by Kelly DiPucchio
illustrated by Zachariah OHora
Disney Hyperion, 2018. 36 pages.
Review written October 20, 2018, from a library book
2018 Sonderbooks Stand-out #5 in Picture Books – Silly Fun
Sometimes children’s picture books preach more effective sermons than anything else.
In this case, we’ve got a whole town wanting an elephant to move. It takes a little girl to finally think of asking the elephant what he wants.
Here’s how the book begins:
One morning, the good people of Prickly Valley awoke to find an elephant sitting smack-dab in the middle of the only road in town.
How he got there was a mystery. His name was Poe.
It didn’t take long for a traffic jam to form around the uninvited elephant. Horns honked. People yelled from their cars. A policeman wrote him a ticket.
But Poe wouldn’t go.
The townspeople’s efforts to get Poe to leave get more and more entertaining. I especially like it when the mayor gets involved.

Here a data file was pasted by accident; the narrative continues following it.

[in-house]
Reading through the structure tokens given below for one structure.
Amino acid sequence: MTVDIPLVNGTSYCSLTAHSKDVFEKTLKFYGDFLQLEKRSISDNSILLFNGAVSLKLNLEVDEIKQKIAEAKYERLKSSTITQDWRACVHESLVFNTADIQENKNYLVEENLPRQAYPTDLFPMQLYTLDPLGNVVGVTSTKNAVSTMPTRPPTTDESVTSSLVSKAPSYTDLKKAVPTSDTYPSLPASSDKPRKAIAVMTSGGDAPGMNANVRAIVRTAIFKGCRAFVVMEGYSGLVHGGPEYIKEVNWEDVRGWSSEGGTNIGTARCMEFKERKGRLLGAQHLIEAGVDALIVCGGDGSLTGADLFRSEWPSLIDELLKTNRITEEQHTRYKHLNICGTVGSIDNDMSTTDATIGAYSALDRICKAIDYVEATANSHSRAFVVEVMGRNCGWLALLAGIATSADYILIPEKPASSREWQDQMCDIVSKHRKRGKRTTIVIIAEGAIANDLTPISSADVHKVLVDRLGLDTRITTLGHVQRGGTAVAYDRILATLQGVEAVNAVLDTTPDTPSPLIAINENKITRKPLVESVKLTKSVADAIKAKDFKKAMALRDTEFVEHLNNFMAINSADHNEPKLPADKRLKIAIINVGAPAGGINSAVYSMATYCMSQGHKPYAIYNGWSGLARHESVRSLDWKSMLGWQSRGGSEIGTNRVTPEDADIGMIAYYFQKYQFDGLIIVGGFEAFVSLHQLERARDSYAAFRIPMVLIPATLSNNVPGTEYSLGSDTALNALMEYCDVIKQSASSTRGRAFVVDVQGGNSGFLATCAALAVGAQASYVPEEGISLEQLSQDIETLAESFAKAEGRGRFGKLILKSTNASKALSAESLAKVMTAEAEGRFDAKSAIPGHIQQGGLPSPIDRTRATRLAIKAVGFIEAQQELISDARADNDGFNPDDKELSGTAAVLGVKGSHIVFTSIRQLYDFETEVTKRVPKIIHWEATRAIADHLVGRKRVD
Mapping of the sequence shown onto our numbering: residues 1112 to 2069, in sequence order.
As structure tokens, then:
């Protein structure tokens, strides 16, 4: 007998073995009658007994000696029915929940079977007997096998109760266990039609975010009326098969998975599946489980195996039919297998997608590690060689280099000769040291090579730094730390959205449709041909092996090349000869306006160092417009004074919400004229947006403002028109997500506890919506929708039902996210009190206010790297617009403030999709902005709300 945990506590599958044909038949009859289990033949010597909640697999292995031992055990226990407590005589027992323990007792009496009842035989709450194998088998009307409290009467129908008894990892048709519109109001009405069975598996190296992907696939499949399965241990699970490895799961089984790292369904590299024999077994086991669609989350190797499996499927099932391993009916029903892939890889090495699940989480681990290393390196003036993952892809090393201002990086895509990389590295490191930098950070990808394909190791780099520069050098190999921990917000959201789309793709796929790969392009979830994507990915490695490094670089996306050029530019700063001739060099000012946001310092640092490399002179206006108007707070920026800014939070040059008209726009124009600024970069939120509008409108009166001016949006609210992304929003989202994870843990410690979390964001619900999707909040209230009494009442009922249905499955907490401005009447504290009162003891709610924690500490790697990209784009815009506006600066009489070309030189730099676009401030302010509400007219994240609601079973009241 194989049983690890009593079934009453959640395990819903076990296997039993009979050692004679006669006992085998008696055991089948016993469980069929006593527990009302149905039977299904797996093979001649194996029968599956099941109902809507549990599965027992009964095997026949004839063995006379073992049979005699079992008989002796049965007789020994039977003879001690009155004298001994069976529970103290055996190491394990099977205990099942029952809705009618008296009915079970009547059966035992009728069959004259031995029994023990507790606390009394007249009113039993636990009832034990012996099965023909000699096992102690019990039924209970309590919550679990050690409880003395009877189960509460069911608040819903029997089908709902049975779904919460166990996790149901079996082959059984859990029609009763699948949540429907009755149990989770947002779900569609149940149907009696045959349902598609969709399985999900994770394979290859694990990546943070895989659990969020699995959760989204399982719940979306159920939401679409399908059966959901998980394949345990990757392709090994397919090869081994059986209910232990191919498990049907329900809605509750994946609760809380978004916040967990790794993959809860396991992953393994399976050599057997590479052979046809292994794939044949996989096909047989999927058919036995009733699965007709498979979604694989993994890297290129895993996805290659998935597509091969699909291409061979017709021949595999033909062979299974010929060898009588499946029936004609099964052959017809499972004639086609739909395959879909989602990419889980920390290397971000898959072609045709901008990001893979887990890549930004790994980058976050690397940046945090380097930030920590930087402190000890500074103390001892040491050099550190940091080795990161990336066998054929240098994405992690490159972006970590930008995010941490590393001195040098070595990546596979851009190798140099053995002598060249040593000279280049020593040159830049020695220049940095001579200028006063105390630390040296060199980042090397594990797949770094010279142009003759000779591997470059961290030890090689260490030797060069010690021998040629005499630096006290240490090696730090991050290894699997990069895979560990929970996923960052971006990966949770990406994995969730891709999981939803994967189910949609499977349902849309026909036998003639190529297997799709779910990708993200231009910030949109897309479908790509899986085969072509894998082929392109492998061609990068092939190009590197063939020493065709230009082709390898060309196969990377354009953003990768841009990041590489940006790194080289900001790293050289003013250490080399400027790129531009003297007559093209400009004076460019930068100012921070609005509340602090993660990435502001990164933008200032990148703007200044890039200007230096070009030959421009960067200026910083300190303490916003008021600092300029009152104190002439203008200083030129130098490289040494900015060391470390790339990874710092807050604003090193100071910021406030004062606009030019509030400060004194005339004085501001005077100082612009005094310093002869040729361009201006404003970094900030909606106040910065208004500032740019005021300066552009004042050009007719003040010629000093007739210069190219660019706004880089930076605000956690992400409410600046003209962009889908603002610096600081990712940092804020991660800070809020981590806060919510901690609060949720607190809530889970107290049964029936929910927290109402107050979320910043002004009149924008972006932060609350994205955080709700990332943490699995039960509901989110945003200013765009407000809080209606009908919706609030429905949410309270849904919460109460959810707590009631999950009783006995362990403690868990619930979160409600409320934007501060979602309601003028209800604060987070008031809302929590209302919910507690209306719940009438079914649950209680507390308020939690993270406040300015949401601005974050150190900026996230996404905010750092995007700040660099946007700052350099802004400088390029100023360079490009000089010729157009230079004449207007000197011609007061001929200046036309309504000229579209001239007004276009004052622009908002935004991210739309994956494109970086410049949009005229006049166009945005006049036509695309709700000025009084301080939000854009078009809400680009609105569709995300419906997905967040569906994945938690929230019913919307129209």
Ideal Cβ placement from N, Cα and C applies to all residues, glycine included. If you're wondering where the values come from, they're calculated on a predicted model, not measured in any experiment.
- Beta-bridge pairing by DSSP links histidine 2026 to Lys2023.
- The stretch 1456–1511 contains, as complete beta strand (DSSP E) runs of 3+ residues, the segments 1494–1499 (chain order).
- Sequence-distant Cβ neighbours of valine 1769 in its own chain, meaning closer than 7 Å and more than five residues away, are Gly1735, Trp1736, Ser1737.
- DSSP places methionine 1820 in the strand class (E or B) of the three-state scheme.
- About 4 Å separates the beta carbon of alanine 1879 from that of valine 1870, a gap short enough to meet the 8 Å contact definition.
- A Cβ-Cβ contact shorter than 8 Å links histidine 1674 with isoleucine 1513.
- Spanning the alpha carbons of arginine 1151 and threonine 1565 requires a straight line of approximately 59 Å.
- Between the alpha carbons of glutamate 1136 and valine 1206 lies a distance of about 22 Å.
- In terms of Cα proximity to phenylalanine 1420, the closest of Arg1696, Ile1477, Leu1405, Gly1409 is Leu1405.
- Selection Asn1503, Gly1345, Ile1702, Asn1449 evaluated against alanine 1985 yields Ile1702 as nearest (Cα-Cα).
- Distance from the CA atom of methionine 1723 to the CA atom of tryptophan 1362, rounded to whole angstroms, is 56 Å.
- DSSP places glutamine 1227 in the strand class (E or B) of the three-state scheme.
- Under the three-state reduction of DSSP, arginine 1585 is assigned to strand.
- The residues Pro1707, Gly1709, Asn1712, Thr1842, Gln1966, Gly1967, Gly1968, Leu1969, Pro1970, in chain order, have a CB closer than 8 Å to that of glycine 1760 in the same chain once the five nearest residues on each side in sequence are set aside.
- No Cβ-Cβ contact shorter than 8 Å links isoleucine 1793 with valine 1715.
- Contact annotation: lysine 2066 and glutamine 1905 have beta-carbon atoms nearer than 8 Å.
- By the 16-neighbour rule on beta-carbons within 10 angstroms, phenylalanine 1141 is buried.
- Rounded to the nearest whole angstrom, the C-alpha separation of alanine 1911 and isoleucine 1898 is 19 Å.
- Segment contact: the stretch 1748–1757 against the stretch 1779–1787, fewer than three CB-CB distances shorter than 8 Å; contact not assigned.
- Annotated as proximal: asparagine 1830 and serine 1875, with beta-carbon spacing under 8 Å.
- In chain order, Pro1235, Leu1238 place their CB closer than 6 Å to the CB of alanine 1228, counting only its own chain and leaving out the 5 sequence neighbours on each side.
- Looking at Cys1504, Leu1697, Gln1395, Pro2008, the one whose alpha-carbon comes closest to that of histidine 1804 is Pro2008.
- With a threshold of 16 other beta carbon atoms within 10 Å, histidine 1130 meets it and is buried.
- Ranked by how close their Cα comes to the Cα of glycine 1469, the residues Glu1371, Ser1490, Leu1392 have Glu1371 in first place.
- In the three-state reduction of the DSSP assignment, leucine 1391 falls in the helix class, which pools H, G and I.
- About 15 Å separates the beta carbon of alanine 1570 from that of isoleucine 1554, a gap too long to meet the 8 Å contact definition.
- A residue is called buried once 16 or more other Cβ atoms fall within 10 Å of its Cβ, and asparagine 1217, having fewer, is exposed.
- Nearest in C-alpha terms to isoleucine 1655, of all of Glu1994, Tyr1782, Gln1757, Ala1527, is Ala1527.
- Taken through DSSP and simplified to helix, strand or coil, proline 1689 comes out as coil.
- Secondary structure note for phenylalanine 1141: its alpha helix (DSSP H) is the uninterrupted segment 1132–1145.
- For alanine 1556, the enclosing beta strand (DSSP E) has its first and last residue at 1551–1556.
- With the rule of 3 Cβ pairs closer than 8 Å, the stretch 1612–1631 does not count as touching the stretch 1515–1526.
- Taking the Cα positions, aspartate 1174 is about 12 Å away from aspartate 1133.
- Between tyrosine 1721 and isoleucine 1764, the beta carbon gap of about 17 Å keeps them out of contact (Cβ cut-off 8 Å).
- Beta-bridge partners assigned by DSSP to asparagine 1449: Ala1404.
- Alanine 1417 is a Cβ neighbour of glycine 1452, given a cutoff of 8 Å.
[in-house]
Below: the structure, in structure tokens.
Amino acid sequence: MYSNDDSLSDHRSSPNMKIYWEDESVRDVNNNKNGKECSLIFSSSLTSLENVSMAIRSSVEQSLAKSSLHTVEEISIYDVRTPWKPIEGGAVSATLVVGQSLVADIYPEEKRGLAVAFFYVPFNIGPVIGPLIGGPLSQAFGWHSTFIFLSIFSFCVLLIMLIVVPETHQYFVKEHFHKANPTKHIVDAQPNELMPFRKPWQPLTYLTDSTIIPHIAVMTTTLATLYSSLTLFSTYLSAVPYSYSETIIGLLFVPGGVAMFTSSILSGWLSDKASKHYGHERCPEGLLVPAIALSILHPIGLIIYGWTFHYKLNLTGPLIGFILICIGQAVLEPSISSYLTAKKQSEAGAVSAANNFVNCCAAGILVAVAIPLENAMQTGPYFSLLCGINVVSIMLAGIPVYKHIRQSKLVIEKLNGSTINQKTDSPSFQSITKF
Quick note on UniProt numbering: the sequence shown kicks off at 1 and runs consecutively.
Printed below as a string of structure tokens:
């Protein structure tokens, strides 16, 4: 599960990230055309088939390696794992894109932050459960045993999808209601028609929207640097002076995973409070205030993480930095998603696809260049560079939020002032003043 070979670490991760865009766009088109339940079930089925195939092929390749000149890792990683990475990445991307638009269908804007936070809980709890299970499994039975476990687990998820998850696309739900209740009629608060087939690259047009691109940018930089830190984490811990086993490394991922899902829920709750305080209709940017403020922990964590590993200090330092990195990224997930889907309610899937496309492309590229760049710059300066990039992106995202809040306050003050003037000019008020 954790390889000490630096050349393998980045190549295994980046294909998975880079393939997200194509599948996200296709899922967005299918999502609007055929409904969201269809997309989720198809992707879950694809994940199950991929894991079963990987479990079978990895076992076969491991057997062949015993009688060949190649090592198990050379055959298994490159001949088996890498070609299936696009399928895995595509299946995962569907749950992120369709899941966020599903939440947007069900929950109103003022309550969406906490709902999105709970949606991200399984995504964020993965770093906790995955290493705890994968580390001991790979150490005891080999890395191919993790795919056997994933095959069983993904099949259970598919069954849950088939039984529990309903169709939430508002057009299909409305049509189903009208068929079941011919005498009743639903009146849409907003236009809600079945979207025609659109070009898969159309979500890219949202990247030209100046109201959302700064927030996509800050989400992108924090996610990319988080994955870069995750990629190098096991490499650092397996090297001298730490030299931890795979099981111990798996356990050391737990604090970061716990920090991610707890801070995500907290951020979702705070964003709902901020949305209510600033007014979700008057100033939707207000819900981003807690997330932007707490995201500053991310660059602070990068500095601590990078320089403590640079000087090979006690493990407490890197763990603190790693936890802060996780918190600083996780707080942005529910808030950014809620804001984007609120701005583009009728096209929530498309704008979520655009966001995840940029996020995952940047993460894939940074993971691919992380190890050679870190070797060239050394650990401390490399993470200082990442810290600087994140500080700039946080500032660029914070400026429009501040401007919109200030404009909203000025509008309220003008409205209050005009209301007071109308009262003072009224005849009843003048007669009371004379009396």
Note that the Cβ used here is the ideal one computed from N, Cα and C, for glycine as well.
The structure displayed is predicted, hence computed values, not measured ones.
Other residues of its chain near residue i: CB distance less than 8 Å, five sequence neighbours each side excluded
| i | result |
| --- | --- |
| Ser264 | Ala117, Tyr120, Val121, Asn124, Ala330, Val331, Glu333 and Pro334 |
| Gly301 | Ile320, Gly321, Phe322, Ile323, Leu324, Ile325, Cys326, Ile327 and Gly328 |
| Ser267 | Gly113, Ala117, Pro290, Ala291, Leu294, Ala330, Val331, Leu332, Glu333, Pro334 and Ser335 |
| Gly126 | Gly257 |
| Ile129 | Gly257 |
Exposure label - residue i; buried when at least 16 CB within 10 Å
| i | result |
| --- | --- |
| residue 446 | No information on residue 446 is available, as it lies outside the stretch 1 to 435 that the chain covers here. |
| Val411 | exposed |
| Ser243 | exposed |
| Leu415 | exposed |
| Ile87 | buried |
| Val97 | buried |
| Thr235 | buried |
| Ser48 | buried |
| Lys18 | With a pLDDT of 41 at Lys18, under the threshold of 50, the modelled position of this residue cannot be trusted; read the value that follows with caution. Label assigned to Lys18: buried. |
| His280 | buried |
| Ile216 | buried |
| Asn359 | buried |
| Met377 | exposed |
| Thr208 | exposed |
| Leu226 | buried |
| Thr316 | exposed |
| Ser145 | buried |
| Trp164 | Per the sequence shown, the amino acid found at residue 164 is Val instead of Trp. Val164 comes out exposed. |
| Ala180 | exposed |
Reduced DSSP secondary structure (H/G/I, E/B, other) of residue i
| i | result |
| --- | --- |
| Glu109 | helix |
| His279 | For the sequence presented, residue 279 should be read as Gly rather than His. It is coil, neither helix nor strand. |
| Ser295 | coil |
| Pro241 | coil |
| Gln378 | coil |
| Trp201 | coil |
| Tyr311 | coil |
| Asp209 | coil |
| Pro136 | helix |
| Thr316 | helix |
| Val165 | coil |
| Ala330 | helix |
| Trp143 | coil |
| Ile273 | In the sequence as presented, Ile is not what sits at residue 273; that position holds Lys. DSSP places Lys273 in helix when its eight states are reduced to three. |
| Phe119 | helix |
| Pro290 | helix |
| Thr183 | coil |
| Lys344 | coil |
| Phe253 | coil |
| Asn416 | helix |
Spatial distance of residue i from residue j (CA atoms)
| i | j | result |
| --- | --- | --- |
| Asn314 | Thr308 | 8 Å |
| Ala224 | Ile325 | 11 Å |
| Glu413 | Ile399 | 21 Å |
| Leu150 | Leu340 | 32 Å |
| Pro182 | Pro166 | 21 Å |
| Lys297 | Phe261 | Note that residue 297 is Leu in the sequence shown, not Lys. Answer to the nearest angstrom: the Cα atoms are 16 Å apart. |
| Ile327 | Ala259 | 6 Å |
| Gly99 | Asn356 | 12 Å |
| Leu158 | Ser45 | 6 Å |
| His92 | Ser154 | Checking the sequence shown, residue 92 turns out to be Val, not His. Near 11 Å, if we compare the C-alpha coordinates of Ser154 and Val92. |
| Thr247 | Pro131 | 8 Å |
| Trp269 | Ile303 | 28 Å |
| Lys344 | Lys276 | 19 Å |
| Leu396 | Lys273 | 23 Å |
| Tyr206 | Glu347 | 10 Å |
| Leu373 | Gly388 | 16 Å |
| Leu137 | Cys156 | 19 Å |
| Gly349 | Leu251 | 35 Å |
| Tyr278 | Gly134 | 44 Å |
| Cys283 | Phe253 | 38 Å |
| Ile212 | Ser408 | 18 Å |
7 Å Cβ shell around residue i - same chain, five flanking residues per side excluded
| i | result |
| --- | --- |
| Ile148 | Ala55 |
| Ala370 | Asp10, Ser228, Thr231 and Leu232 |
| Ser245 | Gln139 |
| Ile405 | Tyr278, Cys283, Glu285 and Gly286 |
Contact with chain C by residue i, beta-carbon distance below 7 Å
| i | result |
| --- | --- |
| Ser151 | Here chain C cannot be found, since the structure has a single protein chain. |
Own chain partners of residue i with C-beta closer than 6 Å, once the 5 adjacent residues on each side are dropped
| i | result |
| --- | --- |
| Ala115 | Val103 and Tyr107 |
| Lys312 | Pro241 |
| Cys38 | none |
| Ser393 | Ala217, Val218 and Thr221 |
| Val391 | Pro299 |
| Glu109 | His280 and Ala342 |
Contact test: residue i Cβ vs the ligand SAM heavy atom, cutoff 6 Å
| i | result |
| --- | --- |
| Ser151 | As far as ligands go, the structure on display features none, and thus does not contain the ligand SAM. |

“We do not tolerate parked pachyderms in Prickly Valley!” she proclaimed.
The mayor formed committees and councils.
They hatched plans. Drew diagrams.
And drank coffee from Styrofoam cups.
The little girl who finally suggests asking Poe what he wants is delightful. I love that she’s wearing a headscarf and has dark skin. The mayor laughs and says they don’t speak elephant.
“Well, anyone can speak elephant if they just listen hard enough,” said Marigold, who was fluent in both kitten and hedgehog.
And when she finds out what Poe wants, his problem is solved, and he goes on about his business.
My co-worker pointed out that this book demonstrates an important principle of negotiation. Find out what the other party wants.
As with all picture books, you really do need to check this book out and see the charming illustrations for yourself. My summary doesn’t begin to do this wonderful book justice.
Find this review on Sonderbooks at: www.sonderbooks.com/Picture_Books/poe_wont_go.html
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Source: This review is based on a library book from Fairfax County Public Library.
Disclaimer: I am a professional librarian, but the views expressed are solely my own, and in no way represent the official views of my employer or of any committee or group of which I am part.
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